Salman Rushdie attacker is a fan of AOC, Tlaib and Omar


While Sir Salman Rushdie has been brutally attacked by an individual named Hadi Matar, 24, from Fairview, New Jersey, left-leaning news media, including The New York Times as well as law enforcement and security agencies are expressing unwillingness in giving further details of Hadi Matar, while some of the news outlets are outrageously terming this man only as a “suspect”. Meaning, they do not want to let the world know further details of Hadi Matar, who, according to our sources is a diehard Democratic Party activist as well as big fan of Alexandria Ocasio-Cortez, Rashida Tlaib and Ilhan Omar.

The brazen attack on Sir Salman Rushdie shook the literary world. Suzanne Nossel, the chief executive officer of PEN America, which promotes free expression, said in a statement that “we can think of no comparable incident of a public attack on a literary writer on American soil”.

After he was released from the hospital, Henry Reese said in a statement that Salman Rushdie was “one of the great authors of our time and one of the great defenders of freedom of speech and freedom of creative expression”.

“We revere him and our paramount concern is for his life”, said Reese.

“The fact that this attack could occur in the United States is indicative of the threats to writers from many governments and from many individuals and organizations”.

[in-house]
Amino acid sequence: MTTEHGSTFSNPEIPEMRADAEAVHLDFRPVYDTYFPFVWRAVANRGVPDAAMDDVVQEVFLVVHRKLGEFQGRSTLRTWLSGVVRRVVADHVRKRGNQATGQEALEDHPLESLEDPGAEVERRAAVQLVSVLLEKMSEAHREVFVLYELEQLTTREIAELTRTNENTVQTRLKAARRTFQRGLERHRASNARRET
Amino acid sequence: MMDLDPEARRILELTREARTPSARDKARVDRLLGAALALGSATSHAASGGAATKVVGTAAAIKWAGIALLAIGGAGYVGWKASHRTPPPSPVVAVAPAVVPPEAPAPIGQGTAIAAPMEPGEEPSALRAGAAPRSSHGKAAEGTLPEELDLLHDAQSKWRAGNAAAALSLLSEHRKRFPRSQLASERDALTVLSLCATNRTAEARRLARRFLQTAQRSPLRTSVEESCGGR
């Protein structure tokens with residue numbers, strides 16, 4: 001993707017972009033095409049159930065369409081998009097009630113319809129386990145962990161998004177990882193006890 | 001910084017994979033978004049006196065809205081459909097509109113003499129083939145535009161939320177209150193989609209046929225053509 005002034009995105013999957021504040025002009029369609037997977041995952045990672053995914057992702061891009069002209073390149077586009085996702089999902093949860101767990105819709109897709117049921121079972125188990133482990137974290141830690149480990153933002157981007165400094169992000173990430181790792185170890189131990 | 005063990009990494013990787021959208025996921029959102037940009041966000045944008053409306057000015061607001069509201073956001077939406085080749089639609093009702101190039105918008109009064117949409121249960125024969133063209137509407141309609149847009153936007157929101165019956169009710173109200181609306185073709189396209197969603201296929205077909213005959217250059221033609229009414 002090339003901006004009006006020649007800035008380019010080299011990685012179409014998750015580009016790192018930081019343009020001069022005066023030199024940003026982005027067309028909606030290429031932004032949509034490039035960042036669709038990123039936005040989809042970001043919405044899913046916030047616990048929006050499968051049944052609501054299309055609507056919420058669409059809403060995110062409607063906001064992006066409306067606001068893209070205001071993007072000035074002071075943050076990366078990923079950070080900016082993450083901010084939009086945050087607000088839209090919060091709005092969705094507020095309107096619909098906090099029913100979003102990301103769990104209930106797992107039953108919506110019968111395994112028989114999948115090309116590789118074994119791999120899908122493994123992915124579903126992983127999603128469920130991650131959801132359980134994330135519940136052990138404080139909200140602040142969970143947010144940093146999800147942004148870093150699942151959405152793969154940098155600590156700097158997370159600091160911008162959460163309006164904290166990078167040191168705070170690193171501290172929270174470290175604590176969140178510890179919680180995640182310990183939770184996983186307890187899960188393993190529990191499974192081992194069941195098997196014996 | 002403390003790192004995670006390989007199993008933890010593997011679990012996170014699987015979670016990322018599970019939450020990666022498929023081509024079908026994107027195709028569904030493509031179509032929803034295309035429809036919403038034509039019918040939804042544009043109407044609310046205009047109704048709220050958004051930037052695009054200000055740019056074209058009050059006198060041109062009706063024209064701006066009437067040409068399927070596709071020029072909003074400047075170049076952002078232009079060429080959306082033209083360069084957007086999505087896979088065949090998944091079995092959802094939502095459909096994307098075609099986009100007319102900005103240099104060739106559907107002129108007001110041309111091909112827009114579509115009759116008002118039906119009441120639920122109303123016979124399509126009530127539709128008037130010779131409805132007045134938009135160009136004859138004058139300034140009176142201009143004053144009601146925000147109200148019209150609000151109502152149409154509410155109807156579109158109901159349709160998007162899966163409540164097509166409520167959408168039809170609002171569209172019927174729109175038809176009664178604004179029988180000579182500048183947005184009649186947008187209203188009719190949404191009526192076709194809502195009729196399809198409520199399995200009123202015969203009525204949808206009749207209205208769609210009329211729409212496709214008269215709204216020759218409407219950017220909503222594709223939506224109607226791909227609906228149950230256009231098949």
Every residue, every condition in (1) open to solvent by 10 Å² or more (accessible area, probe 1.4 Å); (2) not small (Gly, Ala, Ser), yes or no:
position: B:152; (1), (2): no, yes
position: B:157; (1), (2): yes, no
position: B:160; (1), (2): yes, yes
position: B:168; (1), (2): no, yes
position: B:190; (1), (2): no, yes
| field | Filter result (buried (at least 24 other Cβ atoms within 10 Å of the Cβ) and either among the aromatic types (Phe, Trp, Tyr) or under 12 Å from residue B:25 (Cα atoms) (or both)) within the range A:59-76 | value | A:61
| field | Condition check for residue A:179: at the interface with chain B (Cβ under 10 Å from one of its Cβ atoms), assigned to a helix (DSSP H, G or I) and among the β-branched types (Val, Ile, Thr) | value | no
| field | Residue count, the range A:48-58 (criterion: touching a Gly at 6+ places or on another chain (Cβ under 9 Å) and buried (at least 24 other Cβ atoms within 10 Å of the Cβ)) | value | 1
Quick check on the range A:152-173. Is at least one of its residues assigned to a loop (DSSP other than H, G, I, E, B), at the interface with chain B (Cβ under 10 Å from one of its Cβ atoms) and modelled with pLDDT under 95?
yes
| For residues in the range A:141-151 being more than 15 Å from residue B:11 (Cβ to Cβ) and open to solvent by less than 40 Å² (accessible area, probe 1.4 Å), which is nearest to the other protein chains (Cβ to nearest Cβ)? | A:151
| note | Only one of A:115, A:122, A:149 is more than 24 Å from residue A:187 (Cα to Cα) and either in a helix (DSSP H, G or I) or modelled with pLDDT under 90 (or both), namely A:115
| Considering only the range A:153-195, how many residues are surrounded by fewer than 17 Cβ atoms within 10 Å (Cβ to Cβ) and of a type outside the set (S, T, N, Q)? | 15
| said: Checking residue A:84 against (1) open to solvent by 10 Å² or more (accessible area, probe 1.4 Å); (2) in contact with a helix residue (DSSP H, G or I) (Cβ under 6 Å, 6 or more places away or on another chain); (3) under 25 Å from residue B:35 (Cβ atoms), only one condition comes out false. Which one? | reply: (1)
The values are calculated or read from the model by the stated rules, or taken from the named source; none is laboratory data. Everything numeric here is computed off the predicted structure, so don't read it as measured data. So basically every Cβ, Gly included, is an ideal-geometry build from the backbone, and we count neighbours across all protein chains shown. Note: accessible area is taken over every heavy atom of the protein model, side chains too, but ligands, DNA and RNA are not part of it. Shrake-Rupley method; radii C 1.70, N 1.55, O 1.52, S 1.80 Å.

Salman Rushdie had effectively been living under a death sentence since 1989, about six months after the publication of his novel “The Satanic Verses”, which fictionalized parts of the life of the Prophet Muhammad with depictions that many Muslims found offensive and some considered blasphemous.

Ayatollah Ruhollah Khomeini, the Supreme Leader of Iran after the 1979 Iranian Revolution, issued a religious edict known as a fatwa on February 14, 1989, ordering Muslims to kill Salman Rushdie. A price was put on his head of several million dollars. Sir Rushdie, who lived in London at the time, went into hiding, and moved into a fortified safe house under the protection of the British police for most of the next 10 years.

The Satanic Verses was banned first in the author’s country of birth, India, and then several other countries before Iran’s Ayatollah Khomeini issued his infamous fatwa.

The fatwa called for the killing of anyone involved in the publication of the book and offered rewards to those who took part in the murders. That fatwa has never formally been rescinded.

Though the writer had escaped physical harm until now, others associated with the book had not, with its Norwegian publisher having been shot and seriously wounded in the early 90s, and its Japanese translator stabbed to death.

On Friday morning at around 10:47 a.m., Sir Salman Rushdie had just sat down onstage with the discussion’s moderator, Mr. Reese, the co-founder of a Pittsburgh nonprofit, City of Asylum, a residency program for exiled writers, when a man rushed the stage and attacked Mr. Rushdie, the police and several witnesses said. Audience members gasped and leaped to their feet.

Salman Rushdie’s agent Andrew Wylie said, “Salman will likely lose one eye; the nerves in his arm were severed; and his liver was stabbed and damaged”.

Rushdie was stabbed at least once in the neck, and at least once in the abdomen, authorities said.

A video posted online shows the moment people rushed onto the stage to restrain the attacker and help the injured men. Police said a doctor in the audience gave Salman Rushdie first aid.


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